Joe
|
Tennessee, USA
August 12, 2008

Joe in Tennessee writes:

Ms Rice:

Russia relationship:

Iran has a 300km torpedo now. Who do you think gave them that? Funny, Russia developed done about two years ago or so?

Russia is simply flexing its muscle and what are we going to do in reality, or anyone else? The Georgian peninsula has a great deal of oil as well?and gosh, BP is closing two pipe lines today for what? This gives Russia more control over world wide oil prices via proxy? That simply adds to its projected power: you look weak or strong to your allies or enimies...

The problem is the Nuclear Umbrella and NATO surrounding Russia....that is the crux of it all...the rest is smoke, BS and politics.

The table has been reset and the game commences....

Truth be told: In the greater scheme of things, Russia needs us, we need them; but, don't think for a minuite they will not devour us if possible.

JOE
|
Tennessee, USA
August 15, 2008

Joe in Tennessee writes:

RUSSIA...

Like I said, I was buried and burned, just like the reports from Moscow...

Proof is in the pudding unless I am psychic...shame on you all.

Richard
|
North Carolina, USA
August 15, 2008

Richard in North Carolina writes:

Everyone is talking about the crisis in Georgia. What would the United States have done if there was a threat in this hemisphere under a George Herbert Bush presidency.

JOE
|
Tennessee, USA
August 15, 2008

Joe in Tennessee writes:

1. There would not be an Iran/Iraq/Afghanistan situation for one thing, which would have led to us not having a premise of economic suffrage for Russia to use.

2. Given the present situation, what can we do? They own 1/3 of our National Debt...we can default I guess...LOL! Oh, we will not hold the Olympics there six years from now. I'm sure that is worth more than the oil and ports of Georgia.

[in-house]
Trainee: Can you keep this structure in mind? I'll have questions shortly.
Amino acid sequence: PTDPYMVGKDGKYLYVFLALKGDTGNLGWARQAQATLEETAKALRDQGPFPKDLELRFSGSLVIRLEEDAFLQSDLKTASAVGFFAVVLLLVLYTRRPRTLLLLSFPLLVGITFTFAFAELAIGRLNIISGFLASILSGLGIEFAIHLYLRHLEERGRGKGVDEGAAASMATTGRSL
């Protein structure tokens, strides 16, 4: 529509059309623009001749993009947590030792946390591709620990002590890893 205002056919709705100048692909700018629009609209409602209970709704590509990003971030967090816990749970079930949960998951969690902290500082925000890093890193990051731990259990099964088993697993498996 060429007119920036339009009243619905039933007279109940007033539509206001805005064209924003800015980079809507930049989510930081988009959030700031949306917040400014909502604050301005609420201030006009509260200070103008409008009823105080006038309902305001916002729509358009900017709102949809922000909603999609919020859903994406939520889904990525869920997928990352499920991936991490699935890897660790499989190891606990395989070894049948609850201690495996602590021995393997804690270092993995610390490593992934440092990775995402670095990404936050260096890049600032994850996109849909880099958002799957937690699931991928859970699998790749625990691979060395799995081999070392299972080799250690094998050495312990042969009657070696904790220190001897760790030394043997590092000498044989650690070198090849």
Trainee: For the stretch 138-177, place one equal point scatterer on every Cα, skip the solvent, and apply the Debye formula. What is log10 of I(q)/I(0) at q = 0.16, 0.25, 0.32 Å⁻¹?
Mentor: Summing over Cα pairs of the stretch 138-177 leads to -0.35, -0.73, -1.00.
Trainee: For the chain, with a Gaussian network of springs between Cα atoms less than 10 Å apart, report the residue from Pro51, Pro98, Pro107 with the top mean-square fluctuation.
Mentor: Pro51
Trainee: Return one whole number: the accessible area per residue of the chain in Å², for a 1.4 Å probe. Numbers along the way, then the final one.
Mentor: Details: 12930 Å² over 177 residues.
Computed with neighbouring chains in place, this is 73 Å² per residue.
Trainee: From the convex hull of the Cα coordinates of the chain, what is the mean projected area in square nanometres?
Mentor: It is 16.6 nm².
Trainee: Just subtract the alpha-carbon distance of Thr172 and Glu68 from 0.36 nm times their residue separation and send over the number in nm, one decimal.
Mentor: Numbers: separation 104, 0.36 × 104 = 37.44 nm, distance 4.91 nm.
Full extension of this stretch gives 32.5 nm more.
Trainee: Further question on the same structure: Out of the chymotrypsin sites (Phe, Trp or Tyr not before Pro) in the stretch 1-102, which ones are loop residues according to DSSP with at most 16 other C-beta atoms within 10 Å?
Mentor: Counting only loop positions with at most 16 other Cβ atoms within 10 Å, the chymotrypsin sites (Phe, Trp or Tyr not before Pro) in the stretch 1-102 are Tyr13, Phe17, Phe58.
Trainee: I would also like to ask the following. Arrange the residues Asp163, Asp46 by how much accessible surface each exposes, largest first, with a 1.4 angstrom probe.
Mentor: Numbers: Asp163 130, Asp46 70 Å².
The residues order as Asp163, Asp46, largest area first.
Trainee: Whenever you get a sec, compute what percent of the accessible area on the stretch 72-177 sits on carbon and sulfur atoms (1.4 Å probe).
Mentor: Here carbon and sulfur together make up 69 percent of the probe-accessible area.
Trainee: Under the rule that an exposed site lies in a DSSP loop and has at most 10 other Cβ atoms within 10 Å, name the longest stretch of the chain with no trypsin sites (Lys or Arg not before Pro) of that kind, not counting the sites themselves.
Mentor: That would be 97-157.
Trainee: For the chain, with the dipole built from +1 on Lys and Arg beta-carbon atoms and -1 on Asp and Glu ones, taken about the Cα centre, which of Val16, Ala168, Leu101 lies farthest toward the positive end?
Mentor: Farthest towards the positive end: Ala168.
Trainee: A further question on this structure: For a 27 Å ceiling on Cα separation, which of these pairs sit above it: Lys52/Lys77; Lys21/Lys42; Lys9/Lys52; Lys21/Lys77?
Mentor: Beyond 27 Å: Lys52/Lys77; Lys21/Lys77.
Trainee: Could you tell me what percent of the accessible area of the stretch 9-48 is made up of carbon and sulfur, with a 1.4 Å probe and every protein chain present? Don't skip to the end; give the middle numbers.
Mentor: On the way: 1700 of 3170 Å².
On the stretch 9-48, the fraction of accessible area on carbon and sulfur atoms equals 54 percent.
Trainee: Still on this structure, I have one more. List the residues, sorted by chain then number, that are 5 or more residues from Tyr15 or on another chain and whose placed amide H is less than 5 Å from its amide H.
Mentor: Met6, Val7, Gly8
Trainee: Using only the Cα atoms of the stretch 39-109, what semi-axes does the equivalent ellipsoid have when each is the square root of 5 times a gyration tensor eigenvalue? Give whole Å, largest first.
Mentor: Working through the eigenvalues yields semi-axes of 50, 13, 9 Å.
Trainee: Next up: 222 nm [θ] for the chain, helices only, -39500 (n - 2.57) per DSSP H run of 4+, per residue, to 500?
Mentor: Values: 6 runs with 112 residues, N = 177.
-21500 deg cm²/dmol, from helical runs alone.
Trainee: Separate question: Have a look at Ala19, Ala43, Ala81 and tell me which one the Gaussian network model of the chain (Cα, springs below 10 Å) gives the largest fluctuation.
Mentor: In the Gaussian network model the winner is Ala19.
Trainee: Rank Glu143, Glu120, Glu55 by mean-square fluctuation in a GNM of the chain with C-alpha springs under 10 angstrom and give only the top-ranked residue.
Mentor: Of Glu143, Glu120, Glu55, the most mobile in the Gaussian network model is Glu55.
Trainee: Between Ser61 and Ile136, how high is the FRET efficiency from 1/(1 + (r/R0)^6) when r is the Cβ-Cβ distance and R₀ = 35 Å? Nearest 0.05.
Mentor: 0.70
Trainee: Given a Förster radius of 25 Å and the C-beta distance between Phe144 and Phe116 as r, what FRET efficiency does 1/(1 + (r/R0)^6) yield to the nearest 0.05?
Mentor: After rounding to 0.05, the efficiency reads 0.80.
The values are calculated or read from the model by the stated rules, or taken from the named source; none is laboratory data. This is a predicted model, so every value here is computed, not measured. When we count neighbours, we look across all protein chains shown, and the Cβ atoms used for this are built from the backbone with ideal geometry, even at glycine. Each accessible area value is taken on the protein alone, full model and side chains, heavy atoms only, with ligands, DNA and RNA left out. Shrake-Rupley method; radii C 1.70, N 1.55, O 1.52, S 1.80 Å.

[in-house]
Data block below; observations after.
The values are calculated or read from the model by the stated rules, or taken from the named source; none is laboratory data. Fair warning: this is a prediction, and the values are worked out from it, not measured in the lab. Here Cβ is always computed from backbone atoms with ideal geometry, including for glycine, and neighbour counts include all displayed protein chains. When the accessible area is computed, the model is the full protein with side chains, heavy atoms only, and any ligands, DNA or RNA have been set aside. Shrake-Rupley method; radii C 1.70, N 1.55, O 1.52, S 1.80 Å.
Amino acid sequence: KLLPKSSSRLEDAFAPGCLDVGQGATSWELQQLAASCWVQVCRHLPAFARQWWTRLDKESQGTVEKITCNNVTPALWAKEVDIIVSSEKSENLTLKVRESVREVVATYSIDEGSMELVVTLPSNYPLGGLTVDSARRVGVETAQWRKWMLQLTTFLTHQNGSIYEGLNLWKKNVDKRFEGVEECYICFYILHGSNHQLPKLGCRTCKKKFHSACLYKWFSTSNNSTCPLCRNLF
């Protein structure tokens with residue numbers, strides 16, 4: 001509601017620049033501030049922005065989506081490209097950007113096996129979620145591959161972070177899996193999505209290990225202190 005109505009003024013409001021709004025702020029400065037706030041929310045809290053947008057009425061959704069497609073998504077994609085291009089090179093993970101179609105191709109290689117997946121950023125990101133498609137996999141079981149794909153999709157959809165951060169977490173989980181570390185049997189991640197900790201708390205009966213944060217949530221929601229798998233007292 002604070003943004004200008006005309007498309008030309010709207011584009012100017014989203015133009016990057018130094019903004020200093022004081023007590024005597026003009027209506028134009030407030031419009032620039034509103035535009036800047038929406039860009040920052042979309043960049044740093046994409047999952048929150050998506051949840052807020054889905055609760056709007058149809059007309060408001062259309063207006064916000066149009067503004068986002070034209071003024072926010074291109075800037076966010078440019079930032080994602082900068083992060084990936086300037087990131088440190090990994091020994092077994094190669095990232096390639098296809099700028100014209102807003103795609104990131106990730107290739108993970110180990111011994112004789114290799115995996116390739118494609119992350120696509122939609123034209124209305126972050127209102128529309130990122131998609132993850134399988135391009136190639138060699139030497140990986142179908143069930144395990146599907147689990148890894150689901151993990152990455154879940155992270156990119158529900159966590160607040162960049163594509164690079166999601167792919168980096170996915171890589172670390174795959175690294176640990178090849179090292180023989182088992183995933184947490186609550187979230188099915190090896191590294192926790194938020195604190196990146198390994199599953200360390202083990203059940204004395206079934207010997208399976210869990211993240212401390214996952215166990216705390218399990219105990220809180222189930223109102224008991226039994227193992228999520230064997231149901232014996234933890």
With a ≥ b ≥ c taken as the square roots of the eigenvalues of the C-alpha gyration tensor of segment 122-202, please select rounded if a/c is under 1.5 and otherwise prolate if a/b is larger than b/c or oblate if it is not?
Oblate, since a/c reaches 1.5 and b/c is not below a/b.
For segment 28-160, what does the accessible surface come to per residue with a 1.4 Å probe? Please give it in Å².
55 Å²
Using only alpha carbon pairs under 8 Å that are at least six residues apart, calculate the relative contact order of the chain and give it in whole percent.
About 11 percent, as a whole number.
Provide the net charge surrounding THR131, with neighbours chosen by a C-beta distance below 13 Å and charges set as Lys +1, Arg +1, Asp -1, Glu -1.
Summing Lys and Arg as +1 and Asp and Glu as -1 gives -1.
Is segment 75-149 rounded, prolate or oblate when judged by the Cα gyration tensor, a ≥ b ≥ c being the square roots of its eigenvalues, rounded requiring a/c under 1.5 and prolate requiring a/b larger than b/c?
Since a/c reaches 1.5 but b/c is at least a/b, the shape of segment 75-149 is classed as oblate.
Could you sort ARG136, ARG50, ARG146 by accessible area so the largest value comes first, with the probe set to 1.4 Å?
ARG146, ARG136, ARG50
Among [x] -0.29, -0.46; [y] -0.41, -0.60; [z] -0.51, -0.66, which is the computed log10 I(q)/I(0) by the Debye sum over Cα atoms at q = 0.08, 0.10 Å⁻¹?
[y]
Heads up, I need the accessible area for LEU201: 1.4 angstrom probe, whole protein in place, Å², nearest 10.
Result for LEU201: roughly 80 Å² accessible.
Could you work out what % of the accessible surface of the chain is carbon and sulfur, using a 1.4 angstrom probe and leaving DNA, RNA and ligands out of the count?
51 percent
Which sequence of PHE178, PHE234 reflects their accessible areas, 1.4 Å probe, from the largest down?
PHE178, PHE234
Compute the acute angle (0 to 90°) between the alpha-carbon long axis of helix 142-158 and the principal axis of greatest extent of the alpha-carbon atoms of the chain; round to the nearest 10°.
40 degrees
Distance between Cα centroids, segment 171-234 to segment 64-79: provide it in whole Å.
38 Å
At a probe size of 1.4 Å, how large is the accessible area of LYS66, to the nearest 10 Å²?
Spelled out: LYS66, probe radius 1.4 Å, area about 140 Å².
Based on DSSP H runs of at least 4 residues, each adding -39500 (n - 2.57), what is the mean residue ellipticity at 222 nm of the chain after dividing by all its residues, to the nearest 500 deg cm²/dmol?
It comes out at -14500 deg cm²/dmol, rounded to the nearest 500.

3. What is Europe going to do about it? Italy makes the SU-30 fuselages, Germany has economic ties, France ordered its new Reactor from them and a petty ongoing bank dispute...give it a rest. There are no realistic economic restrictions that can be applied.

4. Personally, as upset as it made me initially, there must be some International understanding and agreement made. Why?
A) It has not affected the Stock Market here. Why didn't it plummet?
B) Petrol prices lowered, not raised and with the threat of an International dispute? So corporate politics is aware of something the press is not.
C) There is no way the US and NATO did not see the tank movements to begin with. They could not have moved that much hardware overnight...LOL!

5. Seems to me poor old Georgia has been sold out prior to the invasion with some good old fashioned politics. Little guy gets the shaft as usual
What would GH do? GH would not have let it happen to begin with...had Congress initiated a war long ago.
This is not GWs fault...and it is multi sided in a larger sense. If someone kept putting missiles around your country and said they were your friend it seems suspicious.

What this does is give Russia dominance and recognized power. Put the missiles there so they will not advance on democratic countriesãwell, we will see about that.

You have to admit, it is a good move on the Russian part. What is the counter move?